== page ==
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2018 Toyota 4Runner: New Car Review

If you’re looking for information on a newer Toyota 4Runner, we’ve published an updated review: 2019 Toyota 4Runner Review

For better or worse, they don’t make’em like the 2018 Toyota 4Runner anymore. This iconic 4-door off-roader is effectively the last of its kind, blending family friendly midsize dimensions with a go-anywhere, rough-and-ready truck-based platform. It has huge ground clearance and serious off-road capability, yet it also has a giant cargo area for stowing all your stuff (or the family dog) and a surprisingly comfortable ride that won’t make the kids yack in the back. Best of both worlds? In a way, sure.

Of course, there’s a reason why other carmakers don’t make ’em like the 4Runner anymore. It’s less efficient than a crossover, less comfortable and its antiquated cabin is missing some modern features. You’re making sacrifices for its character and capability, so if the most rugged place you’ll ever go is a trailhead parking lot, the 4Runner doesn’t make much sense. Perhaps the still-capable but more refined Jeep Grand Cherokee would be a better choice, or perhaps it’s best to just accept you won’t need any sort of off-road capability and opt for a midsize family crossover like Toyota’s own Highlander instead.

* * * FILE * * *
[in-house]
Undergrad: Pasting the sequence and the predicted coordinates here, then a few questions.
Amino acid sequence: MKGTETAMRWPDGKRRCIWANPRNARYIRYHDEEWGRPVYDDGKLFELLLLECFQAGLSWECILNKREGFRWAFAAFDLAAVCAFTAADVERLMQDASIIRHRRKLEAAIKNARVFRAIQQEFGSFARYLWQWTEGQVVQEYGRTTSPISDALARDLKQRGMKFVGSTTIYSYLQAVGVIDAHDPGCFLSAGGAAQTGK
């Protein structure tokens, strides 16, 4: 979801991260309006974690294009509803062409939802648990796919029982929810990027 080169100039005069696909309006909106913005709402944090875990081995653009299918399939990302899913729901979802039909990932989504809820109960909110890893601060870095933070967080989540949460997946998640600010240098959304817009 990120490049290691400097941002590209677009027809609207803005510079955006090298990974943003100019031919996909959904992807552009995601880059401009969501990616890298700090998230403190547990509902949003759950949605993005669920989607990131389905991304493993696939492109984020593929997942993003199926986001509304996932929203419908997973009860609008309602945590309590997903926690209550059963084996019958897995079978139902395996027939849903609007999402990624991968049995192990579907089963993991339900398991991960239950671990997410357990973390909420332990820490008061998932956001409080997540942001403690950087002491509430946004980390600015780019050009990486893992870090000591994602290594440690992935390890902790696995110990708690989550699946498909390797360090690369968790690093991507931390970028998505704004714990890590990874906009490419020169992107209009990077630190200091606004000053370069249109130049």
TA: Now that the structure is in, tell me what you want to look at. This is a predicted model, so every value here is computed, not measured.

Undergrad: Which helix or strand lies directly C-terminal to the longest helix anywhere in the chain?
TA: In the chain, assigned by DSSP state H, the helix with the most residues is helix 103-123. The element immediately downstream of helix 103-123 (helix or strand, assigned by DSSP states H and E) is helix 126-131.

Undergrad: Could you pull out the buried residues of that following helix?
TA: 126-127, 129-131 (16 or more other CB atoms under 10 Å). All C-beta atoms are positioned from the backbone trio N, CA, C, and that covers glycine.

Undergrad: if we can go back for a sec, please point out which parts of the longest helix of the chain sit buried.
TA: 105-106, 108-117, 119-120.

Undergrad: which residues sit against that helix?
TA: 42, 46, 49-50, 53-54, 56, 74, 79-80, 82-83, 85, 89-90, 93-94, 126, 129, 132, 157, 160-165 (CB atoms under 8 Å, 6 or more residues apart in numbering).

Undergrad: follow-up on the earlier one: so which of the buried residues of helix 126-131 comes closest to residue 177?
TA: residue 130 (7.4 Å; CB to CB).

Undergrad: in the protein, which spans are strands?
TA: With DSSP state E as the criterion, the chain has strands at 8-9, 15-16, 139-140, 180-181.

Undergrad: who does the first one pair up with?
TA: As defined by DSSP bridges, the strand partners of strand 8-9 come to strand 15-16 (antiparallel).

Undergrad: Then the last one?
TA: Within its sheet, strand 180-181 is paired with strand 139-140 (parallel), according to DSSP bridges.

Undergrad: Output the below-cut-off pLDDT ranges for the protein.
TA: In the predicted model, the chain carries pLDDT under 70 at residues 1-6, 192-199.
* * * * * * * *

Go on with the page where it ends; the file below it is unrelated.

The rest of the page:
So although it’s easy to fall in love with the 4Runner, it’s important to take a long test drive of it and its competitors to see if you can live with its compromises (or if it really is the just-right SUV that does it all for you).

What’s New for 2018?

The 4Runner gains a pair of new option packages for 2018. The Wilderness package, available on most trim levels, includes roof rack crossbars, all-weather floor mats and a cargo tray. The TRD Enhancement package, available on the TRD trim levels, adds special 17-inch matte gray alloy wheels and a special skidplate with "TRD" stamped into it. See the 2018 Toyota 4Runner models for sale near you